Black Out Tuesday was a social media strike on June 2, 2020. This social media strike urged people to refrain from posting on social media about their own personal lives or brands, and instead post about our current racial climate and educate others. Those that were uninformed on the issues of today were encouraged to educate themselves by watching documentaries, reading books, or engaging with any other forms of media. I personally saw many brands posting for Black Out Tuesday, but nothing else. Beforehand, they did not acknowledge this country’s many racial inequalities and afterward they made no effort to educate their consumers. It was if they just wanted everyone to know their brand wasn’t racist or problematic. This is not okay. Several “Instafamous” creators were seen showing up to protests, taking a picture to prove they were there, and then leaving. All of this was done to look good for their audience. But the thing is, activism is not a trend to follow. People’s lives are in grave danger, the systems in place are unjust and are disproportionately hurting communities of color – and have been for generations. For the sake of all those lives at risk, we cannot let the movement die down.

The Civil Rights Movement of the mid-20th century lasted over a decade. Even though the movement did resolve some race-related issues for Black and Brown people in the United States, not everything was rectified. Mass incarceration, redlining, and other forms of systemic racism then became the next plague; this is what we’re faced with today. But protesting for three weeks will not change the whole system around. It requires a lot of work. The Montgomery Bus Boycott, which happened because of racial segregation of buses, lasted 382 days: a little over a year. The Greensboro Sit-ins, which allowed Black and White people to be served in the same fashion at restaurants, lasted six months. These are just a few examples of what our revolutionary ancestors did. I emphasize again: Do not let the movement die down.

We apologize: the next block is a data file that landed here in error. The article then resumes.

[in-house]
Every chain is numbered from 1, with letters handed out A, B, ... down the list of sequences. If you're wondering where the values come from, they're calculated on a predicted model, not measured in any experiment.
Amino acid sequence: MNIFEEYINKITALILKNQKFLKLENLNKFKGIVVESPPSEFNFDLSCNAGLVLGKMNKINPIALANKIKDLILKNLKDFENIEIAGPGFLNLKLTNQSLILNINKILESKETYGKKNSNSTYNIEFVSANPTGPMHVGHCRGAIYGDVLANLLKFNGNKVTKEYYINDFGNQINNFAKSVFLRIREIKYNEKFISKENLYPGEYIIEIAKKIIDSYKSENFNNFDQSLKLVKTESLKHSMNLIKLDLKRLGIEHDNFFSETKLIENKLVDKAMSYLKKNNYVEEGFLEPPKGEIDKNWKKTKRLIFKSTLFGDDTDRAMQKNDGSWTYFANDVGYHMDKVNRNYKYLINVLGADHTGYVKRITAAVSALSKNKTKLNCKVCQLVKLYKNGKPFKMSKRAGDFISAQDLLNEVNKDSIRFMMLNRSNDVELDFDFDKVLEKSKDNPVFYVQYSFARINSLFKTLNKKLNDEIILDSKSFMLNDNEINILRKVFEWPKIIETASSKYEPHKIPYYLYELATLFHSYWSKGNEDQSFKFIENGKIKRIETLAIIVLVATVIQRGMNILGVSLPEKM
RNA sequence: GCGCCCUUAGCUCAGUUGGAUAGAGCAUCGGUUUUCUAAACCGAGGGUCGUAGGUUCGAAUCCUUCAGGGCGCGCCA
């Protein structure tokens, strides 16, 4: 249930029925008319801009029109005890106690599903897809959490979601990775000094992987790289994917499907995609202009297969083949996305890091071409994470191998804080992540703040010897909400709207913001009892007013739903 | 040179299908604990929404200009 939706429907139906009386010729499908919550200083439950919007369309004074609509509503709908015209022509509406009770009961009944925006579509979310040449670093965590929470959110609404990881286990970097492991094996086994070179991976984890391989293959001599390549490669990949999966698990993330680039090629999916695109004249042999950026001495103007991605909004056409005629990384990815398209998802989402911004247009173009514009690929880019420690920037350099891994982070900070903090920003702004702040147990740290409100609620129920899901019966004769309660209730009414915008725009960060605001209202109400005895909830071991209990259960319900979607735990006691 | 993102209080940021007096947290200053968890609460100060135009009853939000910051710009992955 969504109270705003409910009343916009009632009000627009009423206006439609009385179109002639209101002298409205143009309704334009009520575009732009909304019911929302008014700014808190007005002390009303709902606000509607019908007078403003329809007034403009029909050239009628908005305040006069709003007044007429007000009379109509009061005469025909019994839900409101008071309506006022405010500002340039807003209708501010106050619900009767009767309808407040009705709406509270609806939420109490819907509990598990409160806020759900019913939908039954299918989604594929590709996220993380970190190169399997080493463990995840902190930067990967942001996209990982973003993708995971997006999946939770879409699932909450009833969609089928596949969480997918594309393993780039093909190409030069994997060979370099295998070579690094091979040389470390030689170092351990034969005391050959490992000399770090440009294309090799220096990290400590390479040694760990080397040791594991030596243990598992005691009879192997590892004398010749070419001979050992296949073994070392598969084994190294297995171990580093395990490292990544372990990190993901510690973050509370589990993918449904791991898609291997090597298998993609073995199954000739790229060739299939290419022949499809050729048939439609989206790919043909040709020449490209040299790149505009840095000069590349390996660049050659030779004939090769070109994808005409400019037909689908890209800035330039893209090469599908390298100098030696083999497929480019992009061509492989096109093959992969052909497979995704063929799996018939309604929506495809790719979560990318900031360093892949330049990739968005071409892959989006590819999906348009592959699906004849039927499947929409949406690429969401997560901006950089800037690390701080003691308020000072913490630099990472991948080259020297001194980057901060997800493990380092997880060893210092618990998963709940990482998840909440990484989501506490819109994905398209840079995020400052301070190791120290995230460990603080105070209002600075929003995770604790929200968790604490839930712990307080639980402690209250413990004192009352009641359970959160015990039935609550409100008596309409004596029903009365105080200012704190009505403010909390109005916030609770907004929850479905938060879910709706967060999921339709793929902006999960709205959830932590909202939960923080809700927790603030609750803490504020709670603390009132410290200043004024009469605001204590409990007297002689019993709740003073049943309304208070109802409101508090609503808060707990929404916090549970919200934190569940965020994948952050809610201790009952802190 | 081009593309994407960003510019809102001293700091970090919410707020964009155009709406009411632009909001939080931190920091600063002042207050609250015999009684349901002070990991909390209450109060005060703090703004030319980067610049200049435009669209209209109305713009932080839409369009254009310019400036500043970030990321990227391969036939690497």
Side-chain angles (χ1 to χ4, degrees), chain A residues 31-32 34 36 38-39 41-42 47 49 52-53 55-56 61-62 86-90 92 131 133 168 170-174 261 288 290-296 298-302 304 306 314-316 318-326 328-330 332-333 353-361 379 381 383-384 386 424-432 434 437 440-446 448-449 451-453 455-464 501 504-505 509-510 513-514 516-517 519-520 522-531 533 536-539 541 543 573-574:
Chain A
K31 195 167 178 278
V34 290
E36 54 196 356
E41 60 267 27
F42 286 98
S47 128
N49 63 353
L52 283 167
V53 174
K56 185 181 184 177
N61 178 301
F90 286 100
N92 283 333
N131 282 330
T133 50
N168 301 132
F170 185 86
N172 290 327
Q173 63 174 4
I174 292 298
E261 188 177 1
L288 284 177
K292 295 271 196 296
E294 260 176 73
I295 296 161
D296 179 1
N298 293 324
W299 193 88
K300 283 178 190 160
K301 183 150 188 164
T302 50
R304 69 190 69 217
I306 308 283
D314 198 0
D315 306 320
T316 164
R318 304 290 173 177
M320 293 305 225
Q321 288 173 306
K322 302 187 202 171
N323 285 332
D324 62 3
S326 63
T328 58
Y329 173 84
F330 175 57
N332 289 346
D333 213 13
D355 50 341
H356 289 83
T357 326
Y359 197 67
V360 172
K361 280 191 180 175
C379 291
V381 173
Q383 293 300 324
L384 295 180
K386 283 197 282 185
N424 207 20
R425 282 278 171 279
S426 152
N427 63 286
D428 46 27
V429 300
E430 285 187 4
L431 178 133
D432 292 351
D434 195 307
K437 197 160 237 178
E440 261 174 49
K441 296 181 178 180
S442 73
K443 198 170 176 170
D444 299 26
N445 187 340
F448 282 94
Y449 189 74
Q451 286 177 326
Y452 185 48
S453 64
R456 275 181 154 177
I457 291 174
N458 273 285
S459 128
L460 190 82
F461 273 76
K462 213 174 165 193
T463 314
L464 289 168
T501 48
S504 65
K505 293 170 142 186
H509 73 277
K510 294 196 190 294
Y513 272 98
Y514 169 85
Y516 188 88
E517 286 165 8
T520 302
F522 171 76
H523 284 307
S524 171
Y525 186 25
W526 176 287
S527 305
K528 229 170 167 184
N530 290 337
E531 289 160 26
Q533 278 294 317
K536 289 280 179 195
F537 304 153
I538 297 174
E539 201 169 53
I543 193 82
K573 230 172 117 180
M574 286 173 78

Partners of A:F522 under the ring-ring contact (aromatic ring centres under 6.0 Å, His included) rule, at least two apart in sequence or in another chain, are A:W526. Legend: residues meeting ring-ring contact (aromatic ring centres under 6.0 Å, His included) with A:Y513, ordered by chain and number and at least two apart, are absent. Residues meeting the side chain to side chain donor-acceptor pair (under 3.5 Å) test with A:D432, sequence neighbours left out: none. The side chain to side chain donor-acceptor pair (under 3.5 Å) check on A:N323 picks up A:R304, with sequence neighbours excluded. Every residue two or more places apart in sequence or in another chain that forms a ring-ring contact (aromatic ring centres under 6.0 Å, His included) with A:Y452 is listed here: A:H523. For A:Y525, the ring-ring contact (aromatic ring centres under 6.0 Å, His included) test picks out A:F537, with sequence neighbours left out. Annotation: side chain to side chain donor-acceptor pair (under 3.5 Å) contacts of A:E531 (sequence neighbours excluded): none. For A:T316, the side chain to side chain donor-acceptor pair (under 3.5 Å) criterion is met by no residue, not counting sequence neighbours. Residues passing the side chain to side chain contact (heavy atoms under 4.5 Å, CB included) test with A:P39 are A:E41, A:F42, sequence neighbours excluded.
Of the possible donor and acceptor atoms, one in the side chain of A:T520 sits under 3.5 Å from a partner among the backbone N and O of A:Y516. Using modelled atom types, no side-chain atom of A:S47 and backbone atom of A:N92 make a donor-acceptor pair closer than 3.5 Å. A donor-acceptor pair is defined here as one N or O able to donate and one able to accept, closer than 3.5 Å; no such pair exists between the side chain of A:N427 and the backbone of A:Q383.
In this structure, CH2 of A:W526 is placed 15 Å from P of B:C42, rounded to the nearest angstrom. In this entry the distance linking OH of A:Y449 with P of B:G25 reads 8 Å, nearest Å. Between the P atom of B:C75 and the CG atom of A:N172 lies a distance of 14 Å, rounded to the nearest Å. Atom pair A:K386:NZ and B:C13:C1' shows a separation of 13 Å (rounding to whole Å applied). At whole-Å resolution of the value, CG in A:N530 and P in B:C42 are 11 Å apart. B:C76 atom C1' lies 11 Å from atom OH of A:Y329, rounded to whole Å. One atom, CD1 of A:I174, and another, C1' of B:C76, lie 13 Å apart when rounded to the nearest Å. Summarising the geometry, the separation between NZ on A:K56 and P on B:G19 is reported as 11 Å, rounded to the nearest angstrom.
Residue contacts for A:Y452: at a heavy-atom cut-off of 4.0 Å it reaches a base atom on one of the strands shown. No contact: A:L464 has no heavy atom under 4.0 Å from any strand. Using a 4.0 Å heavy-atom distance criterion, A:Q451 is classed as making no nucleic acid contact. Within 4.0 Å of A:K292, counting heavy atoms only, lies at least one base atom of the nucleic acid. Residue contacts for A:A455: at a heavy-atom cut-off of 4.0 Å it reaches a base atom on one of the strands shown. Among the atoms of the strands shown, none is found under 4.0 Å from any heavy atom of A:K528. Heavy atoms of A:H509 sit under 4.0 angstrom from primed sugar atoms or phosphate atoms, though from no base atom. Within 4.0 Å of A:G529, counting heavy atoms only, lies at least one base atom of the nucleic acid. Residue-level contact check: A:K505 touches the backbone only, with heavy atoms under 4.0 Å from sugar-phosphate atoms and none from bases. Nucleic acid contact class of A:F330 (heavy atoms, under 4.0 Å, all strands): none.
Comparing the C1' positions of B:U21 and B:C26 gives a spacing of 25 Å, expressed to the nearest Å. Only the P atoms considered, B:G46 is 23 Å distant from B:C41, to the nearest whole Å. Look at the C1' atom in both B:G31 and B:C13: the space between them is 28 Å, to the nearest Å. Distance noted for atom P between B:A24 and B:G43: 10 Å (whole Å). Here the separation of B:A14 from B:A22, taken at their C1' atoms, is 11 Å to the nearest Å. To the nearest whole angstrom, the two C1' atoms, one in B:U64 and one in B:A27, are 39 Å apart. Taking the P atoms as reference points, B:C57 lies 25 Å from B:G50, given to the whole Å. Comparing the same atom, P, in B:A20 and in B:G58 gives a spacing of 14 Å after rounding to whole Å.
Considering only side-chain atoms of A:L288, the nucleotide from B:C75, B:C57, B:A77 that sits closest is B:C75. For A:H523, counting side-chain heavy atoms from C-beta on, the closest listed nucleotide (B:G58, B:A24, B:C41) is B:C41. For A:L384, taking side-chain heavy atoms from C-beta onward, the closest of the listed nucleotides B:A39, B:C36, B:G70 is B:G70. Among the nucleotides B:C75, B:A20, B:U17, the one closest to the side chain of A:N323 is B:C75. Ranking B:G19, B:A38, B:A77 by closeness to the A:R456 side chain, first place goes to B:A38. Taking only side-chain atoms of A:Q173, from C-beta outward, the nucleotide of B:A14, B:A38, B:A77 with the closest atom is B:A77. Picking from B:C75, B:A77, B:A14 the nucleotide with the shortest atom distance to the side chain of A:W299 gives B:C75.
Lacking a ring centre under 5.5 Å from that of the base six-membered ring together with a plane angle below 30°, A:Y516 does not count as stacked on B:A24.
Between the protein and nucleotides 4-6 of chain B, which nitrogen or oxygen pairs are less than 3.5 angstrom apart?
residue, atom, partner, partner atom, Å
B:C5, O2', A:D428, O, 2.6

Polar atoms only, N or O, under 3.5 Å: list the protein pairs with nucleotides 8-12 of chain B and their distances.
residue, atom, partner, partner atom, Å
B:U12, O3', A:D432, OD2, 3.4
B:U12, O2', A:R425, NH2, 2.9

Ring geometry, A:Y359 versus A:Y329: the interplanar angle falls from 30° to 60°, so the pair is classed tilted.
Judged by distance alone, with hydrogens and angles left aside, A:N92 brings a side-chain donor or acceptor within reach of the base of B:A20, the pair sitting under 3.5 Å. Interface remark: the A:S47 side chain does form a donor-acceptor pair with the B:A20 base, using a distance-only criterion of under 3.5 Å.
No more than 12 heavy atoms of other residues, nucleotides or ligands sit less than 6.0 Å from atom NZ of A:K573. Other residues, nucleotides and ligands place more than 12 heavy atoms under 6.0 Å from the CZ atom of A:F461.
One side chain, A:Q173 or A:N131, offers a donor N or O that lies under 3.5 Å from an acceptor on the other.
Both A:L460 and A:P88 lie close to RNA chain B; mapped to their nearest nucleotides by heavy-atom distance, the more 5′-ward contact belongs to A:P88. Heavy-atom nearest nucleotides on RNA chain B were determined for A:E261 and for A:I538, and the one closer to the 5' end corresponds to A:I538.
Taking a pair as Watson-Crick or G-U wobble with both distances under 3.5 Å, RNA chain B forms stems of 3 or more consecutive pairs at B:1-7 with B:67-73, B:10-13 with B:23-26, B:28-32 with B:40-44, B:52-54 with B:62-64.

In the past couple of weeks since the protests began, many things have been accomplished. The use of a chokehold was banned by many cities in the United States including Minneapolis, Washington D.C., Chicago, and Denver. The charges of one of the police officers that killed George Floyd, Derek Chauvin, were upgraded to second degree murder while the other two officers were also charged. Racist statues are being removed from cities, oftentimes by its citizens. Some police departments are even being defunded. Although this is great news, it is not enough; it’s just scratching the surface. Racism and systemic oppression are deeply rooted in the United States. The country was founded on a system of harm towards people of color, and in today’s world, small changes are not going to cut it. So, do not let the movement die down.

As someone who is not a Unitarian Universalist but working for a UU organization, I am learning about the UU liberal religion, among this learning being the seven Unitarian Universalist Principles. Although all of the Principles show the importance of everyone being accepted, no matter who they are, where they come from, or how they identify, a few stand out to me in importance to this issue: the issue of racial injustice and the militarization of the police in the United States.

The First Principle is “the inherent worth and dignity of every person,” the Second Principle stating, “justice, equity and compassion in human relations,” and finally the Sixth Principle, “the goal of world community with peace, liberty, and justice for all.” Remember each and every one of those key words in the Principles. Right now, and for the past 400 years or so, Black people in the United States have not been granted this privilege. People of color in the United States have not been granted this privilege. Although it is definitely the goal, there is still work to do. Don’t let the movement die down.

The Unitarian Universalist Principles state that every person should be treated fairly and that is not happening in the United States with the criminal justice system we currently have in place. In order for this to happen the Unitarian Universalist Association says that it’s time to defund the police. Your friendly neighborhood cop has been replaced by a militarized police force; this needs to come to an end.

About the Author

Kyra Bellamy

Kyra Bellamy is a Program Intern at the Unitarian Universalist Office at the United Nations working on Racial Justice, Women’s Rights, and Police Militarization during the 2020 summer.


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These four photos show the duration and images of famous protests during the Civil Rights Movement:

Greensboro Sit-ins
Montgomery Bus Boycott
Birmingham movement
Freedom Rides